In Erik Kaas’s Six reasons why manufacturing systems fail, the Sage ERP VP of product management identifies several ways a manufacturing system can do more harm than good. I wanted to jump in on the conversation, but because ‘manufacturing systems’ is such a broad topic, I decided to focus on PLM—something we know a thing or two about at Arena.
Steve Chalgren, our VP of product management and strategy, and one of VentureOutsource.com’s “top 100 people influencing electronics manufacturing services,” agreed to help me shed light on what makes a PLM system successful.
Interview with Steve Chalgren, Arena’s VP of product management and strategy
What makes a “good” PLM system?
Steve: In general, you want a PLM system that can do the following things:
- Manage items—including parts and their associated documents and files
- Store and centralize approved manufacturer lists (AMLs)
- Create and manage several multi-level BOMs
- Control items and BOMs with a comprehensive change control system
- Allow for easy communication with suppliers—most likely using an ‘export to PDX’ feature or supplier sign-in
- Allow manufacturers to easily get their data in and out of the system
If your PLM system can do those things, you’re starting off on the right foot. As you move toward selecting a PLM system, it’s also important to establish realistic expectations and define internal processes that will work with—not against—a system’s unique features and functionalities. And of course, once you implement a system, you should conduct periodic audits and assessments of the system in order to make room for continual improvement.
Erik suggests that a poor manufacturing system can’t handle multiple suppliers—how does a good PLM system manage this?
Steve: I completely agree with Erik—a good PLM system supports multiple suppliers (and manufacturers) for any single item.
And in addition to multiple suppliers and manufacturers, you need to think about part number duplications, which are a fact of life for most original equipment manufacturers (OEMs). Because manufacturers need to prioritize speed-to-market over a highly controlled part numbering system, duplications are likely to occur as part of the day-to-day imports or part creation process.
Since most OEMs have at least a few duplicate part numbers, you need to decide how to handle them when implementing a PLM system. You should either rationalize all common parts before implementing, or set the system up in a way that accepts duplications as part of the process—like with some sort of non-critical path clean-up process.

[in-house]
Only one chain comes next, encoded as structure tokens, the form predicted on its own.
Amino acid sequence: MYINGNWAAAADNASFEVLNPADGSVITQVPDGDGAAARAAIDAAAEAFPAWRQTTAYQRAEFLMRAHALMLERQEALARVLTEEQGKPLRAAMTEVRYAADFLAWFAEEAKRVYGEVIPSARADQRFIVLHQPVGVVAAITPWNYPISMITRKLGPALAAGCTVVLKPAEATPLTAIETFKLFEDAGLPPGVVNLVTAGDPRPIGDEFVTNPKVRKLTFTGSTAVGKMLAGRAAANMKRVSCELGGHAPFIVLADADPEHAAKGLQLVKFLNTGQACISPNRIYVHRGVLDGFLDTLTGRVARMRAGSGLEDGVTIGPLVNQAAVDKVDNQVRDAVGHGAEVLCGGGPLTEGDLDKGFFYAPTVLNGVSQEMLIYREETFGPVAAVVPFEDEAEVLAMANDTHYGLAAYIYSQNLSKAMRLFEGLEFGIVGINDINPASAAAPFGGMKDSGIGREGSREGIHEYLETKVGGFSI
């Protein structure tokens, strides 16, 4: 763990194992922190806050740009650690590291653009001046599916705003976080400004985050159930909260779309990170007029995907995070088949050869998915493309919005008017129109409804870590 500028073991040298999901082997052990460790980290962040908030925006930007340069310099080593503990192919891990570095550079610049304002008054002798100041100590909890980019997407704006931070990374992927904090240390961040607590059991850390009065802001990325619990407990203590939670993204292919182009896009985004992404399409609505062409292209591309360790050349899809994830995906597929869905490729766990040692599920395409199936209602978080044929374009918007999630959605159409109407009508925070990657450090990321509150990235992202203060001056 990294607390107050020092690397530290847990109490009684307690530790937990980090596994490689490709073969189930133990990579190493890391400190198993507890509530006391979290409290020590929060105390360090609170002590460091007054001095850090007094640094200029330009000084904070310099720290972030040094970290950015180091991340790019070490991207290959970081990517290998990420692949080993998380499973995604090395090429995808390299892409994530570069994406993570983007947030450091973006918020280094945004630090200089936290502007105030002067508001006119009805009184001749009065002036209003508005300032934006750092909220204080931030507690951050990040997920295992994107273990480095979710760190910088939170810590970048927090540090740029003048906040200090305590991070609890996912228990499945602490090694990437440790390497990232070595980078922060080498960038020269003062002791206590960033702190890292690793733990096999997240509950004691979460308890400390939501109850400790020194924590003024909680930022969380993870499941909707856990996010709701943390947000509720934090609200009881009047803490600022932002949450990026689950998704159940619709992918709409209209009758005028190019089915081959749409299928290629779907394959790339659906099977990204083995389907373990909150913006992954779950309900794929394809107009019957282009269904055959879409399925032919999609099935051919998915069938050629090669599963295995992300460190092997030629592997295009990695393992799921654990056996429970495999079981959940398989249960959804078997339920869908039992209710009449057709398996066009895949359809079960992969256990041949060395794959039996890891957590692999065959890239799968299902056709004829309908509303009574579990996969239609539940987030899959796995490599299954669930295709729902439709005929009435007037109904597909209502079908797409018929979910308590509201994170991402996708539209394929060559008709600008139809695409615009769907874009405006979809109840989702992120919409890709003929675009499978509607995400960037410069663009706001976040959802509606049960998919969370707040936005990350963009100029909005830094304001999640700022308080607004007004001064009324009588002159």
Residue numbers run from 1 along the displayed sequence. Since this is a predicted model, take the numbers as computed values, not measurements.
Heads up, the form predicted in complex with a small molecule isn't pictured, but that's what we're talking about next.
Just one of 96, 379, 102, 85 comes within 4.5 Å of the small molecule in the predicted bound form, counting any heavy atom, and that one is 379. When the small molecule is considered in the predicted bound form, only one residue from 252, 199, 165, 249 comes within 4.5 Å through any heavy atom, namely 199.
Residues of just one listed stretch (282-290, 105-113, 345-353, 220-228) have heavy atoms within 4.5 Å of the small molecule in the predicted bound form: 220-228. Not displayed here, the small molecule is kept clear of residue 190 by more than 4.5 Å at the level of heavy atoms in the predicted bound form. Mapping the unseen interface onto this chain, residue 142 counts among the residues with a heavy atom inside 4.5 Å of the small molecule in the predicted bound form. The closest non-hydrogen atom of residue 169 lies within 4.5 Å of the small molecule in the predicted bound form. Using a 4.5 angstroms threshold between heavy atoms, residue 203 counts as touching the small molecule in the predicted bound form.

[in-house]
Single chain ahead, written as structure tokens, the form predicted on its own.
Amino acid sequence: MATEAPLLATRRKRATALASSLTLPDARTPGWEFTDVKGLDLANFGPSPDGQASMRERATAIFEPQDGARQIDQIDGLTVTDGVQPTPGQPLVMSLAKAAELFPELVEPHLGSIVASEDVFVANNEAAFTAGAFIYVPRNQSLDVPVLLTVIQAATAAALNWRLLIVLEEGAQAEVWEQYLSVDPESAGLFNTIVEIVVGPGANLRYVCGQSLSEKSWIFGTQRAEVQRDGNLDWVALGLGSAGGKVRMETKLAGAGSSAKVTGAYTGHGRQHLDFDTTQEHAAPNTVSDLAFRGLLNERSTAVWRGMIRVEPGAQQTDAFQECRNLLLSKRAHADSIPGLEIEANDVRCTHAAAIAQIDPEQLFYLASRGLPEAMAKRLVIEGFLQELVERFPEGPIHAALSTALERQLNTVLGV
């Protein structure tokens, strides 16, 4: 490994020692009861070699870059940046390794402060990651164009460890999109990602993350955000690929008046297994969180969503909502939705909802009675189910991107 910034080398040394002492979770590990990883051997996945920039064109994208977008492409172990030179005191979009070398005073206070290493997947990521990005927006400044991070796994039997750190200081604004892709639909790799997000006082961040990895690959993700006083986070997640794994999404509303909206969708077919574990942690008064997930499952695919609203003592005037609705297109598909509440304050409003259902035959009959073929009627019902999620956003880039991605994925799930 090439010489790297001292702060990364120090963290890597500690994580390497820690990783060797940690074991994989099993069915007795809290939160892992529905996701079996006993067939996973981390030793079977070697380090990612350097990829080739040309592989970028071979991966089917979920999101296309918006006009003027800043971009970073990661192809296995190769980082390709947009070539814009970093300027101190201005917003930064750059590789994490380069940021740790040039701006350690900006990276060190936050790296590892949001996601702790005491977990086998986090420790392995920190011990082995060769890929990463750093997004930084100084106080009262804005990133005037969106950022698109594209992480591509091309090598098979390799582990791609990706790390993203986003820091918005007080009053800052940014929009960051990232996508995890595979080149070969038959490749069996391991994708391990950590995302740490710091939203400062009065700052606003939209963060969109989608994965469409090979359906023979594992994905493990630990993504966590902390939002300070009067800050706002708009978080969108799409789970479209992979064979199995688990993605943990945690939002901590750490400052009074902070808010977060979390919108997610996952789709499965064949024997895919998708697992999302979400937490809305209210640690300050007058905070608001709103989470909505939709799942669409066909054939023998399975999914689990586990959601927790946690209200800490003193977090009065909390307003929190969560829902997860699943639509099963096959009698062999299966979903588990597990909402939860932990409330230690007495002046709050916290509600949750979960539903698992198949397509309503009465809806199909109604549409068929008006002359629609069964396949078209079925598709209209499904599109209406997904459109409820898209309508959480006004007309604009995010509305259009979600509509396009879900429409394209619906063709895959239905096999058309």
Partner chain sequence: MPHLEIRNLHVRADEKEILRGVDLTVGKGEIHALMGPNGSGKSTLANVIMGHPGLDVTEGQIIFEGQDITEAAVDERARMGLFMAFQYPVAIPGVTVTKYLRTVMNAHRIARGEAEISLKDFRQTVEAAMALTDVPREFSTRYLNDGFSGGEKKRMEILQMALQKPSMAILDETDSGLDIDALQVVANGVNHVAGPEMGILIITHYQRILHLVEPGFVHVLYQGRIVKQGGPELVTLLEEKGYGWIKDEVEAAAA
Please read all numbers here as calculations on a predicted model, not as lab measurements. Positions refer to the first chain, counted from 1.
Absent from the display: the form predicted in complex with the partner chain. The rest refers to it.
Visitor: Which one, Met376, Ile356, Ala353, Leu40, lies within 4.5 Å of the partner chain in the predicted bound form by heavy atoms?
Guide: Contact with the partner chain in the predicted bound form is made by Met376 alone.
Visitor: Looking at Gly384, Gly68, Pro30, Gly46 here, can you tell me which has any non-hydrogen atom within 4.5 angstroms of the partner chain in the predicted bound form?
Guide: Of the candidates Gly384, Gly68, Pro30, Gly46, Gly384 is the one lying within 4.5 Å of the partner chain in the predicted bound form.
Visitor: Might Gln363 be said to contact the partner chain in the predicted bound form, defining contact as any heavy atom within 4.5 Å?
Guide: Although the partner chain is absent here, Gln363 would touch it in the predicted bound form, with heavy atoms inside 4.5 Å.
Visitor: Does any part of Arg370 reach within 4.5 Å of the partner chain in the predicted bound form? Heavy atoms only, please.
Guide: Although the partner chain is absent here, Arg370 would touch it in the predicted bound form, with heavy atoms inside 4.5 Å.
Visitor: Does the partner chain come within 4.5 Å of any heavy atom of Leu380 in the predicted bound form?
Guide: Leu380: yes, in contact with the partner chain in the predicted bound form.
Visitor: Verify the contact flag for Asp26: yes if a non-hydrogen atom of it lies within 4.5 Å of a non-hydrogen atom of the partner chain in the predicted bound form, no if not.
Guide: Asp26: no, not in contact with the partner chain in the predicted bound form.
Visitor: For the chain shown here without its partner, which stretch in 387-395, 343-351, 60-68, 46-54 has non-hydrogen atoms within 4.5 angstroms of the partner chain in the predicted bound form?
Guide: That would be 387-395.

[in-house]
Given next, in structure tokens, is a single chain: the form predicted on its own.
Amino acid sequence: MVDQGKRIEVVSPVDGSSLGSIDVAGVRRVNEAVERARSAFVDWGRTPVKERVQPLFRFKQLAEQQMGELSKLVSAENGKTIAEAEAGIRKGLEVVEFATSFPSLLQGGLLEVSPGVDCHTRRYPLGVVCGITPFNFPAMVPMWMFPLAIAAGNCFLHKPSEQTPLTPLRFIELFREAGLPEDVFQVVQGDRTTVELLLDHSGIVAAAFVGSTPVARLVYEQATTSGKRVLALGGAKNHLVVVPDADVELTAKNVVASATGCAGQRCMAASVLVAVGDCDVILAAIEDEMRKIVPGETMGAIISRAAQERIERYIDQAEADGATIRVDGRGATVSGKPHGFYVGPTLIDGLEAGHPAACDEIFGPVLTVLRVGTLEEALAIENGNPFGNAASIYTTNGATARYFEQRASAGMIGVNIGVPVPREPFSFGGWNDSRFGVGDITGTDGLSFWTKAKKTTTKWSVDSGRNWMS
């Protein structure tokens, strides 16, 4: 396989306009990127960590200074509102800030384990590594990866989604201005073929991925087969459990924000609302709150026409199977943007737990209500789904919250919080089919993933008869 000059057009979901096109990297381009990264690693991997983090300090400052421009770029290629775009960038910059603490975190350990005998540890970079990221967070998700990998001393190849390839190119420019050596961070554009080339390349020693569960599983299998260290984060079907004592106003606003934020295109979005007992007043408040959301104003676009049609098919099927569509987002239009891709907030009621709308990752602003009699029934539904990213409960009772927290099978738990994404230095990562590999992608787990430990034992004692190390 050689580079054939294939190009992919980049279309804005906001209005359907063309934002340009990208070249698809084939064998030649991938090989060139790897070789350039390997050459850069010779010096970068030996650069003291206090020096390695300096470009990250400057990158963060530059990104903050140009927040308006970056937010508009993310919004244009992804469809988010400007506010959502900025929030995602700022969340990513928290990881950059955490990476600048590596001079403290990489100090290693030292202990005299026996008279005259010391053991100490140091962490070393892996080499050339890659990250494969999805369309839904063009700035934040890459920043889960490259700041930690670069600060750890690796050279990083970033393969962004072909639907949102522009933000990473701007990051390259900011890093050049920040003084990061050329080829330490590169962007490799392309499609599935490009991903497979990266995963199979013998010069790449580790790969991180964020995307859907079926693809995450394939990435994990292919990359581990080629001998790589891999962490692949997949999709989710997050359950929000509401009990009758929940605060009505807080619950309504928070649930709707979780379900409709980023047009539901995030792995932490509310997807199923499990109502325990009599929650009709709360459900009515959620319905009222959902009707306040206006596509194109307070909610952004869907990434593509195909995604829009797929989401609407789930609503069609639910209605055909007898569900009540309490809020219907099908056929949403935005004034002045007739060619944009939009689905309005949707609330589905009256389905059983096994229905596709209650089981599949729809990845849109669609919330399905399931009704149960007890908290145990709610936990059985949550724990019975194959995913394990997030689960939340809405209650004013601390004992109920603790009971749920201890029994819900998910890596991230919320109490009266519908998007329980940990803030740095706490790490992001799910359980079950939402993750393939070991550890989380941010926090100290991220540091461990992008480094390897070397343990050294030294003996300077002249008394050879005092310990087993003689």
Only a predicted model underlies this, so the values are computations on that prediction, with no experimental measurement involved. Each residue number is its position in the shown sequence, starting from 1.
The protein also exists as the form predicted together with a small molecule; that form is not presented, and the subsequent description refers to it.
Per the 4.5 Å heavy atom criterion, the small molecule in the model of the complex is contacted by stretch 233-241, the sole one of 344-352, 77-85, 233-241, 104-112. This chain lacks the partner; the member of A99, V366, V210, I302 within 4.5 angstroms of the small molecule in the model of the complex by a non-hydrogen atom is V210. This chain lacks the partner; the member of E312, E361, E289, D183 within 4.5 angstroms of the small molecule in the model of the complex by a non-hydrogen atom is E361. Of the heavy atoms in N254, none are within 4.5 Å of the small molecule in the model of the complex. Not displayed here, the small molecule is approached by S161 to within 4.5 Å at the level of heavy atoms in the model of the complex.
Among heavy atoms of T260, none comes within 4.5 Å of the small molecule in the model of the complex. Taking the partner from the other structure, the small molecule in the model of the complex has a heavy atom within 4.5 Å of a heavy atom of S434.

Even if you resolve duplications before setting up your PLM system, the natural entropy of numbering is hard to combat—so while it’s hard to find a company that doesn’t have at least one numbering duplication in its system, manufacturers should periodically check to make sure the Item master doesn’t include major numbering duplications.
(Insider tip: Part numbering duplications aren't always a bad thing! When time-to-market is a pressing priority, it's alright to let duplications slide in the name of efficiency.)
A good PLM system (like Arena BOMControl) will offer the flexibility for a manufacturer to decide how to best handle part numbering duplications in day-to-day operations—whether it’s with a universal substitution using an AML or with BOM-specific substitutions.
Erik points out that a bad manufacturing system doesn’t provide sufficient control over the bill of materials—so how does a good PLM system solve this problem?
Steve: Maintaining an up-to-date bill of materials (BOM) depends on both the capabilities of a given PLM system and good organizational diligence. But if you’re using Excel to manage product data, no amount of diligence can guarantee a current BOM record.
In today’s competitive manufacturing climate, you can’t rely on shop floor tribal knowledge to get a product made right. For this reason, it’s so important to find a PLM system that makes it easy to keep the BOM up-to-date and universally accessible to the right people.
If you really want to be able to centralize and control your BOM, you need a cloud PLM system like Arena BOMControl. With BOMControl, any user who has a login can get into the system and reference the most up-to-date version of the BOM, and changes are controlled with a transparent, flexible engineering change process. These features make it much easier to keep everyone on the same page.
In general, what should a company expect its PLM system to deliver?
Steve: In order to set realistic expectations, select a PLM system that meets your needs today—rather than four or five years down the road. It’s just too expensive to try to forecast your company's long-term future needs. After all, we all know how uncertain forecasting can be.
Another thing to keep in mind is that no PLM system can do it all. BOMControl specializes in a particular core set of manufacturing challenges—namely, gaining control of product data, managing changes to product data and sharing product data. We believe this is the heart of PLM—all you really need to get a product to market. We don’t solve every single problem that may arise during the manufacturing process, but we solve our customers’ most important problems, and integrate with partners who can provide additional functionality and round out all your manufacturing needs.
Any final words for our readers?
Ultimately, it is important to be humble and pragmatic when determining PLM needs. If you’re just getting started, and don’t think you’re ready for a more robust PLM system, consider lightweight and specialized tools—like PDXViewer and PartsList—to handle various aspects of BOM management and get you started.